Problem: Write the code for producing/printing permutations of the characters in a string. For example: If "abc" is the input string, output permutations should be "abc", "bac", "bca", "acb", "cab", "cba".
Solution: There are at least 2 approaches to solving this problem. Even though both approaches use recursion, there is a subtle difference between the two. The second approach uses more number of recursive calls than the first and my rough analysis has shown that run time of both approaches is almost same. The first approach would be preferable given that the there are only n recursive calls compared to n! recursive calls of the second approach. Approach 1:
Pseudo Code:
1. Set index = 0 to point to the 1st character in the input string
2. If index = n1 return last character (n is length of input string)
3. Get Permutations of string starting at index + 1
4. For each permutation in the list from step 3
a. Insert input[index] character in all possible positions of each
permutation.
Example:
input = "abc"
get permutations for "bc": "bc" and "cb"
insert "a" in all positions of both "bc" and "cb":
"a" * "bc": "abc", "bac", "bca"
"a" * "cb": "acb", "cab", "cba"
Code (C#):
List<string> Permute(string, str, int startIndex)
{
if(startIndex == str.Length 1 )
return new string[]{str.Substring(startIndex)};
List<string> permutations = Permute(str, ++startIndex);
List<string> newPermutations = new List<string>();
foreach(string permutation in permutations)
{
for(int i=0; i<permutation.Length; i++)
{
newPermutations.Add(permutation.Insert(i, str[startIndex]));
}
}
return newPermutations;
}
Analysis: Number of recursive calls is equal to N (length of the input string). if L is the level of each recursive call, the run time for each recursive call is L!. So at the top most call, since L = N, it is N!. Total: N! + N1! + N2! ... + 1
Approach 2:
The idea here is to put each character in the string in the 1st position and combine it with the permutation of the characters in the rest of the string. As you can see this is also a recursive definition. Pseudo Code:
For i=0 to N
1. Swap letters 0 and i.
2. Permute letters 1 to N1, printing or saving the entire string each time.
Code (C):
Permute(char* inputStart, char* current)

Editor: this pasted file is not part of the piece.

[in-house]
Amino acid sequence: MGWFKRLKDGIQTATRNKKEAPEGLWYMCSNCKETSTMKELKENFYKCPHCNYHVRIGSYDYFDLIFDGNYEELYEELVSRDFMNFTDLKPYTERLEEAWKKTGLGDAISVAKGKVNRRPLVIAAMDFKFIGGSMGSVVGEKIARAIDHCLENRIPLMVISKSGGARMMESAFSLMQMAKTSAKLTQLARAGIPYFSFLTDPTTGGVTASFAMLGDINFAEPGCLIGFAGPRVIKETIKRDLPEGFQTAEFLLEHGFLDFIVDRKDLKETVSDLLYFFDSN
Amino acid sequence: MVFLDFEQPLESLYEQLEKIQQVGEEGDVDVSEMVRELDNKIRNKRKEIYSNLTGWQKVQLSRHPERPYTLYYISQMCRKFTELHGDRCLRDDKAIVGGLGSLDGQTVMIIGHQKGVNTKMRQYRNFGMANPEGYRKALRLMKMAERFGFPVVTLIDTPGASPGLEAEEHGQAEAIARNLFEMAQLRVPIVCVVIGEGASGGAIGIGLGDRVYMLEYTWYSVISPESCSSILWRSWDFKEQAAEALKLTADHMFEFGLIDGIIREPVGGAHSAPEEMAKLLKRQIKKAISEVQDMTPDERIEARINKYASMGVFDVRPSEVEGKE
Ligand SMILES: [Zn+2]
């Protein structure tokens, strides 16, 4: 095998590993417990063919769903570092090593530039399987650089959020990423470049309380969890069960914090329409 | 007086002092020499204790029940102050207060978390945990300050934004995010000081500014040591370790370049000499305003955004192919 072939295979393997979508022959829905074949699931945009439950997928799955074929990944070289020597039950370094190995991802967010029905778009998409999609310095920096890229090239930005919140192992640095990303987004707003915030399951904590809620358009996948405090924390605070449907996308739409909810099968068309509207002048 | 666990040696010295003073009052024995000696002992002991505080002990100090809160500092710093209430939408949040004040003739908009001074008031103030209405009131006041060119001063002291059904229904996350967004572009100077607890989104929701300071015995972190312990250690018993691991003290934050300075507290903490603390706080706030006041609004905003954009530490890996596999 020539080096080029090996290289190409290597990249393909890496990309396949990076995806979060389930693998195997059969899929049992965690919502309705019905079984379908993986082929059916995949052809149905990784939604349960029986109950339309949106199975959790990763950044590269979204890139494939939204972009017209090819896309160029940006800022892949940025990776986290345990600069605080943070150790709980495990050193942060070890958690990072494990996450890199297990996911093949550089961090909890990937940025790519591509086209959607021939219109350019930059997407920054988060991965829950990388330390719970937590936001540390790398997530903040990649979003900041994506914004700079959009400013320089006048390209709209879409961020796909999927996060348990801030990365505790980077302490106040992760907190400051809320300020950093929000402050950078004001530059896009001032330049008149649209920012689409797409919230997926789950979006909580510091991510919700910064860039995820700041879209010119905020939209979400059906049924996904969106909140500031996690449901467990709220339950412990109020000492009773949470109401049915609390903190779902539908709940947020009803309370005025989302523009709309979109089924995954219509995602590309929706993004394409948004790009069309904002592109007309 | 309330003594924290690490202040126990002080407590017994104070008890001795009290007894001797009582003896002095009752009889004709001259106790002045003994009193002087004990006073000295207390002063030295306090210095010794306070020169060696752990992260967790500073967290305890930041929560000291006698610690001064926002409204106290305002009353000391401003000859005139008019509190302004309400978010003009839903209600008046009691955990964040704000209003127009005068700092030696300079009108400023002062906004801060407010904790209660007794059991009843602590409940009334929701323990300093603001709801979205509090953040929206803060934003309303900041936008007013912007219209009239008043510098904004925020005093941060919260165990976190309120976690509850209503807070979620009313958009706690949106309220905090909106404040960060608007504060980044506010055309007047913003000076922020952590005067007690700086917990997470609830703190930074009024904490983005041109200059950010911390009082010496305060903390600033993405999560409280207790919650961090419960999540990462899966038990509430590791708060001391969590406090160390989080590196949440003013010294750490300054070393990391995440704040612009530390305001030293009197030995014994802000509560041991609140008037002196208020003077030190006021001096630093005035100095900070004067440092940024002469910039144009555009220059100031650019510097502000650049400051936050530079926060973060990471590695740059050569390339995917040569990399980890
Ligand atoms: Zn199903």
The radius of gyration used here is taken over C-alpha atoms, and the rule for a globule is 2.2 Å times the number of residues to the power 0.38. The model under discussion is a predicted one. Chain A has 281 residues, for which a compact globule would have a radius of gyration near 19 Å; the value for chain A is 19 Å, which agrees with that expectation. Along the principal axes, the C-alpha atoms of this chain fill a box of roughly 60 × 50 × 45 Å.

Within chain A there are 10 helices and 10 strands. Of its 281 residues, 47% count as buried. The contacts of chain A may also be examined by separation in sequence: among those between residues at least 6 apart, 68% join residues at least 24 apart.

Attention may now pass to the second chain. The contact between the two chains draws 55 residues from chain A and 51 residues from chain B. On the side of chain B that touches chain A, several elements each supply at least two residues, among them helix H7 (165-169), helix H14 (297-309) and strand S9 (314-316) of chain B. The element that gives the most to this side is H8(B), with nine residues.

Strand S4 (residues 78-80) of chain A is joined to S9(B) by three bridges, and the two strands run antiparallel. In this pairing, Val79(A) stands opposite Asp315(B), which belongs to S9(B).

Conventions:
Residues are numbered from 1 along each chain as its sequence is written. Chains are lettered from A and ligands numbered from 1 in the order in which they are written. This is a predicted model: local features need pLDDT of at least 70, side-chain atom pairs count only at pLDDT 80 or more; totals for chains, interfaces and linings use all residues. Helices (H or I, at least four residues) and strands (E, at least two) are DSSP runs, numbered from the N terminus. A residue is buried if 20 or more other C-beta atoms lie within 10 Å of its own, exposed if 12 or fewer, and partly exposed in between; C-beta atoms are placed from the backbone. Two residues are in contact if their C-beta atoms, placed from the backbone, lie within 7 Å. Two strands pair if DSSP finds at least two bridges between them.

{
char *swap;
char temp;
if(*(current + 1) = '')
printf("%s\n", inputStart);
else
{
for(swap = current; *swap != ''; ++swap)
{
temp = *swap;
*swap = *current;
*current = temp;
Permute(inputStart, current + 1);
//revert the letters
*current = *swap;
*swap = temp;
}
}
}
Run time: This solution makes at least N! + N1! + N2!+ ... + 1 recursive calls doing 1 unit of work in each call. Compare this to the less number of recursive calls from the approach one, but approach one does increasing more work going back up from each recursive call.
Write a C program to print all permutations of a given string
August 2, 2009
A permutation, also called an “arrangement number” or “order,” is a rearrangement of the elements of an ordered list S into a onetoone correspondence with S itself. A string of length n has n! permutation.
Source: Mathword(http://mathworld.wolfram.com/Permutation.html)
Below are the permutations of string ABC.
ABC, ACB, BAC, BCA, CAB, CBA
Here is a solution using backtracking.
# include <stdio.h>
/* Function to swap values at two pointers */
void swap ( char *x, char *y)
{
char temp;
temp = *x;
*x = *y;
*y = temp;
}
/* Function to print permutations of string
This function takes three parameters:
1. String
2. Starting index of the string
3. Ending index of the string. */
void permute( char *a, int i, int n)
{
int j;
if (i == n)
printf ( "%s\n" , a);
else
{
for (j = i; j <= n; j++)
{
swap((a+i), (a+j));
permute(a, i+1, n);
swap((a+i), (a+j)); //backtrack
}
}
}
/* Driver program to test above functions */
int main()
{
char a[] = "ABC" ;
permute(a, 0, 2);
getchar ();
return 0;
}

Output:
ABC
ACB
BAC
BCA
CBA
CAB
Algorithm Paradigm: Backtracking
Time Complexity: O(n*n!)
The algorithm basically works on this logic:
All permutations of a string X is the same thing as all permutations of each possible character in X, combined with all permutations of the string X without that letter in it.
That is to say, all permutations of "abcd" are
 "a" concatenated with all permutations of "bcd"
 "b" concatenated with all permutations of "acd"
 "c" concatenated with all permutations of "bad"
 "d" concatenated with all permutations of "bca"
This algorithm in particular instead of performing recursion on substrings, performs the recursion in place on the input string, using up no additional memory for allocating substrings. The "backtracking" undoes the changes to the string, leaving it in its original state.
END